Cross Platform C#

Working New Android 5 Lollipop Features into Your Apps

Android 5 Lollipop has a few new features -- including some UI and performance improvements -- that can now be incorporated into your apps. Here's how to work with the update.

Who doesn't love some sugar? Android 5, code-named "Lollipop," is Google's latest release of the Android OS for phones, tablets and wearable devices. There are a large number of new features, some you should be aware as you develop apps going forward:

  • Material Design and UI controls and capabilities. Material Design is a bold, colorful, and responsive UI design for consistent and intuitive experiences across all devices. This includes responsive, natural motion, realistic lighting, shadows, and visual elements that make it easier for users to navigate on their device, and new colors, typography, animations, and edge-to-edge imagery assistance to focus user attention.
  • Notifications. The new Notifications provide ways to control when and how users receive messages. Users are able to view and respond to messages directly from the lock screen as well as hide sensitive content for these notifications.
  • New runtime and performance improvements. ART is the new Android runtime (replacing Dalvik). Let's be honest -- who hasn't had problems with a poorly performing app in Dalvik on some device? I know that my Nexus 7 2013 seems to have problems. Over time, I find that apps run slower and slower until a reboot resolves that problem. ART improves application performance and responsiveness.
  • 64 bits. Apple released 64-bit support in iOS in the fall of 2013. The competitive marketplace requires that Android does likewise. With Android 5.0, Google supports the current 32-bit ARM architecture, as well as 64-bit chips from ARM, x86 and MIPS.
  • Accessibility. I have a large number of users at one of my clients that have accessibility issues. Given the vision problems that they have, I personally feel that it's important to make their interaction with my applications work as well as possible. Previously, Android hasn't done a good job in this area. With Lollipop, Android has improved accessibility.

These are some of the high-level improvements in Android 5, but there are many more. Clearly, one article cannot do justice to an update of this magnitude.

This column will focus on one of the new controls in Android 5. Let's get started!

Support Library
One of the great things about iOS is that Apple controls its distribution. When Apple releases an update, it ensures the update is available to every iOS user no matter what mobile provider they're using worldwide. One of the issues with Android is that updates go from Google to the device manufacturer for device-specific updates, then to the cell providers and then finally to the user. There are two steps between Google and end users, which results in delays between the time Google puts out an update and the time the end users receive it. The resulting fragmentation makes it hard for you to take advantage of the latest and greatest features that can be used to provide your users with value.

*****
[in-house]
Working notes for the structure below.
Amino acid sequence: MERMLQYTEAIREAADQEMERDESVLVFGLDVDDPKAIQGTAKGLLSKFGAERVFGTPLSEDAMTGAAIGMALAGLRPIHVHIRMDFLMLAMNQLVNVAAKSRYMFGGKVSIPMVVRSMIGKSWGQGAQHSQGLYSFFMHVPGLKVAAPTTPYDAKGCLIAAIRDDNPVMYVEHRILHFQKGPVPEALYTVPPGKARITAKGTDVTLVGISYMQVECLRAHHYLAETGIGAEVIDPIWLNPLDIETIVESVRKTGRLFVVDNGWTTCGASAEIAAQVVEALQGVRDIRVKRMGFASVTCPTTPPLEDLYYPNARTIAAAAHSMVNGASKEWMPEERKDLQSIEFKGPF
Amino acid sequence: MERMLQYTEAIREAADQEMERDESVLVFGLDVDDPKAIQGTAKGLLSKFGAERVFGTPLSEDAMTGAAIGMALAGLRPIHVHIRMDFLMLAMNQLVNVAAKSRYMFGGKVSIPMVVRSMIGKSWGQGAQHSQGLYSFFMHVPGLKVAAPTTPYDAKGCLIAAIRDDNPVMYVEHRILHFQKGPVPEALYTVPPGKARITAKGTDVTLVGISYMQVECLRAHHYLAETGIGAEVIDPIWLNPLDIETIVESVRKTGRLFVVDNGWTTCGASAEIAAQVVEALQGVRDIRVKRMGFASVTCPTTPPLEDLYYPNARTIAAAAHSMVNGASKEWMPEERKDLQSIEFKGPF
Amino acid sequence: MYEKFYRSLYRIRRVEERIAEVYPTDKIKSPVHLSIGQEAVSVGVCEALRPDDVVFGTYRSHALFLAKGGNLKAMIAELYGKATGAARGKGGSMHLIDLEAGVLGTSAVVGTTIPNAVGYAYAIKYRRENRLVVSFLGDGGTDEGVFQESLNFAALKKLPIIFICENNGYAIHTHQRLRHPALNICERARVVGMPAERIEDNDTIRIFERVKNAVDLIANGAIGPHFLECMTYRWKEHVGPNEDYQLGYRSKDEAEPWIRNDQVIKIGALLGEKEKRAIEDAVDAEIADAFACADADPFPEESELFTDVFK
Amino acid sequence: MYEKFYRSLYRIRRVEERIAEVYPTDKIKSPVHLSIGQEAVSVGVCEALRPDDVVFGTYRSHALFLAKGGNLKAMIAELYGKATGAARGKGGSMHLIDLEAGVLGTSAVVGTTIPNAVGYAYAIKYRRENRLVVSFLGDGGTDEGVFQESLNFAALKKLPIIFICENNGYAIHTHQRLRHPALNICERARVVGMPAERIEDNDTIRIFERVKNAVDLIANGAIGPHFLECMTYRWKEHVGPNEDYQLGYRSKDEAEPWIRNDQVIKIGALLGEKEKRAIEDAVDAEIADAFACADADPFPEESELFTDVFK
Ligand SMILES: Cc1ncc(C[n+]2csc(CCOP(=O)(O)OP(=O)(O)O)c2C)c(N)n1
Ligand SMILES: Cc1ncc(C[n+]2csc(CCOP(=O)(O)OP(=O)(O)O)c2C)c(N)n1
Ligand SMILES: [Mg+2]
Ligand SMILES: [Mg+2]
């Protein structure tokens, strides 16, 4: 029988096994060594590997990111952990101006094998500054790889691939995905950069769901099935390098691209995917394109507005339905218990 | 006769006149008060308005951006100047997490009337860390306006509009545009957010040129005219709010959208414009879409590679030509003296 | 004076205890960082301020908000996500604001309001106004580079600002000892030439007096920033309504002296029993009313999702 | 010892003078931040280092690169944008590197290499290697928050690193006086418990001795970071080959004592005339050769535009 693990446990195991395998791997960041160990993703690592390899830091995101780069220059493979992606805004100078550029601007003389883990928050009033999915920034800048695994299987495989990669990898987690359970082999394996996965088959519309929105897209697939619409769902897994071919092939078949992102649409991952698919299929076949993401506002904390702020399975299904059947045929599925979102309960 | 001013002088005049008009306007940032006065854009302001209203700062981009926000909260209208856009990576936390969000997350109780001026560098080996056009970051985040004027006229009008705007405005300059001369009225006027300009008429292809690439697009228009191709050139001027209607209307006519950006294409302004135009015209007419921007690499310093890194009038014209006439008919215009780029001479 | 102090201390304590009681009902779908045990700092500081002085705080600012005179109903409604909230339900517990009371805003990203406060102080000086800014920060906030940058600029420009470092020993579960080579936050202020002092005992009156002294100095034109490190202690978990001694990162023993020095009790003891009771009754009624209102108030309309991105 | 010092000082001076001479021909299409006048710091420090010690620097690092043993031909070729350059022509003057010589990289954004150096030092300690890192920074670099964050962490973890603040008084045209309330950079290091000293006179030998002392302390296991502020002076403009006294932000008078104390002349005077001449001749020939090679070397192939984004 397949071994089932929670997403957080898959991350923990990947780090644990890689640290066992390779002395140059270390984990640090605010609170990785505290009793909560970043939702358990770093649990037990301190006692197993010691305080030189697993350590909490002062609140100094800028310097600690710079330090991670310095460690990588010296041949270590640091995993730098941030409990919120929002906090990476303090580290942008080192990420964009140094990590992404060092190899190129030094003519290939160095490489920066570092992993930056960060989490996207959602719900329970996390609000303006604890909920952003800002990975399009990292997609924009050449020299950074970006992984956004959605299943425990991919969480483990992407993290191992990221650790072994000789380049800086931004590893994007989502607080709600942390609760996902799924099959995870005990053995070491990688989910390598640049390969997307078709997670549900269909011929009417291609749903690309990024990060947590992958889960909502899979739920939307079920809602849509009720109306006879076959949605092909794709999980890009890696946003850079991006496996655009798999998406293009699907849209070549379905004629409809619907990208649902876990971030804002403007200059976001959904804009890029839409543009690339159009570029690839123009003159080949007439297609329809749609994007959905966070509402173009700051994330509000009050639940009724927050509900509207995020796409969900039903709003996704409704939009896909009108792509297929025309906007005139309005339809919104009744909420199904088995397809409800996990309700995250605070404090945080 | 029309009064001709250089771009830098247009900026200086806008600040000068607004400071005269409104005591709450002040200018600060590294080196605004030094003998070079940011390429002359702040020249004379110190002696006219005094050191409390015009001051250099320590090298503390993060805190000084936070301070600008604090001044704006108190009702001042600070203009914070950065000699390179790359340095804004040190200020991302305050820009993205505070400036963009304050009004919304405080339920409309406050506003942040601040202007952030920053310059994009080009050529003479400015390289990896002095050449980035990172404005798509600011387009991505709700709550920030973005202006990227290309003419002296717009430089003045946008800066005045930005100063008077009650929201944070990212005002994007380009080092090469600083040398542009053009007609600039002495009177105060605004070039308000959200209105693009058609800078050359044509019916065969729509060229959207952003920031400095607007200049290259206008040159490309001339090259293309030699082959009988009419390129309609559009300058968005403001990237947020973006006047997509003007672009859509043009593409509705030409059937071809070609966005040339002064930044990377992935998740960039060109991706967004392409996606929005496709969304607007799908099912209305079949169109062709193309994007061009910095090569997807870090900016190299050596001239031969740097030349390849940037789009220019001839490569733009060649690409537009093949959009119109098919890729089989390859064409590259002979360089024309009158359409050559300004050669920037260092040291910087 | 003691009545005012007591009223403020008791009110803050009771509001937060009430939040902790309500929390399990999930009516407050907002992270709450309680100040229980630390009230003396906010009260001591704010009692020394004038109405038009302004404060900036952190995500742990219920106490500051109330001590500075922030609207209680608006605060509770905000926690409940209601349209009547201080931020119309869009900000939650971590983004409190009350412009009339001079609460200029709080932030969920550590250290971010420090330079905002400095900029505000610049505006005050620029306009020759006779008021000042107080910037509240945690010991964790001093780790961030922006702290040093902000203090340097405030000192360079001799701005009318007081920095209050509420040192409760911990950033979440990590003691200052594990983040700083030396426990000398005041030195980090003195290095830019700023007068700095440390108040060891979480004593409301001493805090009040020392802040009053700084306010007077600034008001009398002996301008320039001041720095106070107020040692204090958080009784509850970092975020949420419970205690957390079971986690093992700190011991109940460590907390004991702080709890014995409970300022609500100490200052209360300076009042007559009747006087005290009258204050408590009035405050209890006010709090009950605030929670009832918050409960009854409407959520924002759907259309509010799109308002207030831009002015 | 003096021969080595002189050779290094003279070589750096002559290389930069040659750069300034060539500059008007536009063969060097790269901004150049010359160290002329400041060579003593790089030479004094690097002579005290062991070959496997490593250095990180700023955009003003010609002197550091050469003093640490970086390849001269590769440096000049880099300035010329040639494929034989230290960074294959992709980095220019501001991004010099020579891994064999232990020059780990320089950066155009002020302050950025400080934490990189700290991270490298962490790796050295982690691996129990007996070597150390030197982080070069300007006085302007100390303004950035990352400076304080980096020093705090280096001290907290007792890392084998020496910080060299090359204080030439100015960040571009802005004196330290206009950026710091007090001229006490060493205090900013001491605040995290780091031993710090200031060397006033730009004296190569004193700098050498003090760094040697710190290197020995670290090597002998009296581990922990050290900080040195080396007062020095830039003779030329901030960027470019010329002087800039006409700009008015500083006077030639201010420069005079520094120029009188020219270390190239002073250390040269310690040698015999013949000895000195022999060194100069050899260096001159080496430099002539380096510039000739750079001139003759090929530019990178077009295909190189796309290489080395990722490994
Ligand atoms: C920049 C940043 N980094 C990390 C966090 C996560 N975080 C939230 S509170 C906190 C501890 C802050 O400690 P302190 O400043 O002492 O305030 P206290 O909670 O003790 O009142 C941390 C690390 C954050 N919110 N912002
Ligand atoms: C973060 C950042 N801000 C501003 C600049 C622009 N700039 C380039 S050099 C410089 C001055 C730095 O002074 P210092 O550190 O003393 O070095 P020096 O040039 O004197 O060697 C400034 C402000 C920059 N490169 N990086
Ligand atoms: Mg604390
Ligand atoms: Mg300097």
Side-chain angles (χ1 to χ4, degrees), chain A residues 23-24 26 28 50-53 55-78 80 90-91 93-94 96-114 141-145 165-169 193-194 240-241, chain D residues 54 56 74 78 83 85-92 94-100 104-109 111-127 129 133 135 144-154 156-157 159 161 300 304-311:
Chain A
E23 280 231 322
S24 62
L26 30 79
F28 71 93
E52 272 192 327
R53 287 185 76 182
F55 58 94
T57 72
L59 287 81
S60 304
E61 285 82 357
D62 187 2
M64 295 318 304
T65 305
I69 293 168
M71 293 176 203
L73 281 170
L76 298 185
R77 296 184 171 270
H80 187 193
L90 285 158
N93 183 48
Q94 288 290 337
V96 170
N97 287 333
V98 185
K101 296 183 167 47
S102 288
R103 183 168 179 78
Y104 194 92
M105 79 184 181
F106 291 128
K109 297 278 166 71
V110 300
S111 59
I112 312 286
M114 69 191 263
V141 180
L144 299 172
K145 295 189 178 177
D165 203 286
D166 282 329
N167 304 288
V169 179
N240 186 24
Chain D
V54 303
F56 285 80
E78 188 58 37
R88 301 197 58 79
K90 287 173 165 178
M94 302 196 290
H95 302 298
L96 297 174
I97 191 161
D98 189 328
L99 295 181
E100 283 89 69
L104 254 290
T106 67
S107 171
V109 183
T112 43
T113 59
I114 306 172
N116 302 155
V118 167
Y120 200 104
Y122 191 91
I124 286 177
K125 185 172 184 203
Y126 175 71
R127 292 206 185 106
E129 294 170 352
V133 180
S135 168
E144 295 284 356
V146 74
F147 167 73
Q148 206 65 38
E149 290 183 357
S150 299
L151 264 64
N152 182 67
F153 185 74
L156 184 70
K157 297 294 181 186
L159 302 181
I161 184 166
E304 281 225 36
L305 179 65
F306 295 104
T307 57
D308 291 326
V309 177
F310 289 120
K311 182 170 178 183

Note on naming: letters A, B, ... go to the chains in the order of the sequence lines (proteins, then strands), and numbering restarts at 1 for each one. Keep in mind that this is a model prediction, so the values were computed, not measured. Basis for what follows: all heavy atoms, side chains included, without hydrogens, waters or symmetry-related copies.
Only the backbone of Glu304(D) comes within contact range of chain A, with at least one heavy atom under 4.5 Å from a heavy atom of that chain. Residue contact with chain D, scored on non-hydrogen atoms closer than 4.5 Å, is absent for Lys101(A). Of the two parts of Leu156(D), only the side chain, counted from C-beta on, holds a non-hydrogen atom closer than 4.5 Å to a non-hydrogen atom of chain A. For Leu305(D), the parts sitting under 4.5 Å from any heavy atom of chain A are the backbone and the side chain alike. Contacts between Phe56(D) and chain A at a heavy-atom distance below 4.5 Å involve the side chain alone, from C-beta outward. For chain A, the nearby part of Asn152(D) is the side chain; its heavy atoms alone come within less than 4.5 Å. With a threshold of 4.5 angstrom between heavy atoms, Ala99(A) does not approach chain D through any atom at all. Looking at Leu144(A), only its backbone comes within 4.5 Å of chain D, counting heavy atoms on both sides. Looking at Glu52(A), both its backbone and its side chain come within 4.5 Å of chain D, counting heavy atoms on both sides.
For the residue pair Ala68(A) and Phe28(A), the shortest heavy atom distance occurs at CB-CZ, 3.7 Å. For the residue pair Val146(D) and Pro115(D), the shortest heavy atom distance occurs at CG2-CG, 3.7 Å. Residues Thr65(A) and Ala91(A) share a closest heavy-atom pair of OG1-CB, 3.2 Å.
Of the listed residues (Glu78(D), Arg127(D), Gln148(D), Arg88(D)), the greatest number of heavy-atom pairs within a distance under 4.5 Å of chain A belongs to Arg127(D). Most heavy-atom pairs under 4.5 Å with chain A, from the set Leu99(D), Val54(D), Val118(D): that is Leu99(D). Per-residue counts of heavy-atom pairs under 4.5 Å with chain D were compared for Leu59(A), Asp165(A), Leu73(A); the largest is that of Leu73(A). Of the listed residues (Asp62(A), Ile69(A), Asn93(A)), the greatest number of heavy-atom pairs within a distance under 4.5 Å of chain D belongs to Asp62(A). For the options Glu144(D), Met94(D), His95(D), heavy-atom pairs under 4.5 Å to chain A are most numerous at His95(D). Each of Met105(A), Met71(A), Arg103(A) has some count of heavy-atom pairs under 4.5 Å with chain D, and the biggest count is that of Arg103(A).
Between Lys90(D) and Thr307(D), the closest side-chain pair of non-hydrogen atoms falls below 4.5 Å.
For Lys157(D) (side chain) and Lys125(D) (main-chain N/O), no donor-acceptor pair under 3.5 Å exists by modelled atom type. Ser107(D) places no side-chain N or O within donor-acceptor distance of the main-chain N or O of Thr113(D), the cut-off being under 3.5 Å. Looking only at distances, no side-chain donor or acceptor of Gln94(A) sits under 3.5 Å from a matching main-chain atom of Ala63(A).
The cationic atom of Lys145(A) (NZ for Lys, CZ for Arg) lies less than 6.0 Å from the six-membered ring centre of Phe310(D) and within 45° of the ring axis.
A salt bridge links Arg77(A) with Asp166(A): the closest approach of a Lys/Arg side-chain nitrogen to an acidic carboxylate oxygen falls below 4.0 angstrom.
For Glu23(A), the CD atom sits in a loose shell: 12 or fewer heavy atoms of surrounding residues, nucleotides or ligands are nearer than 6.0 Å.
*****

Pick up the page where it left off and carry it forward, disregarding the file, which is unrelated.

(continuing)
Thankfully, Google has solved this problem a bit with its Android Support Library. With the release of Android 5, Google has released a new version that will provide support for new features in older versions of Android. One of these new features is the RecyclerView, which I'll discuss in this column.

There are a number of other new features included with the update to the Support Library. One of the things that Xamarin has done is that it has separated out the various features of its bindings for the Support Library into several libraries. These bindings are available via NuGet, which allows Xamarin to update its products quicker and get the updates to you without having to update the entire Xamarin.Android product.

Displaying data is the most common operation in mobile apps. Nearly every application has some type of dataset that must be displayed. Android has had the ListView and Expandable ListView.

With Android 5, Google has enhanced the ListView, made it available to users of previous versions of Android with the Android Support Library, and packaged it in the RecyclerView widget. The Support Library has been discussed in a <a href= target="_blank">previous column.

The RecyclerView is optimized to display large amounts of data by having a layout manager, which maintains a limited number of views. The parts of using the RecyclerView are:

  • Layout Manager. A Layout Manager positions item views inside the RecyclerView. The Layout Manager determines when to reuse item views that are no longer visible in the display. When reusing a view, the layout manager may ask the adapter to replace the contents of the existing view with some new data from the data in the adapter. With Android, this will improve performance by avoiding the creation of unnecessary views and minimizing the number of nodes to search via FindViewById. Adapter. Just like the ListView, the RecyclerView has an Adapter. It provides access to the items in the data, creates views for the items in the data, and replaces the content in the views with new data items, as appropriate. The Adapter for the RecyclerView is a bit different from the Adapter that you're familiar with in the ListView; however, the concepts are nearly the same. The biggest difference is the required use of the ViewHolder.
  • ViewHolder. The View Holder is an instance of a view. The view instance "holds" references to the various views within the cell. This eliminates the need to continually call FindViewById.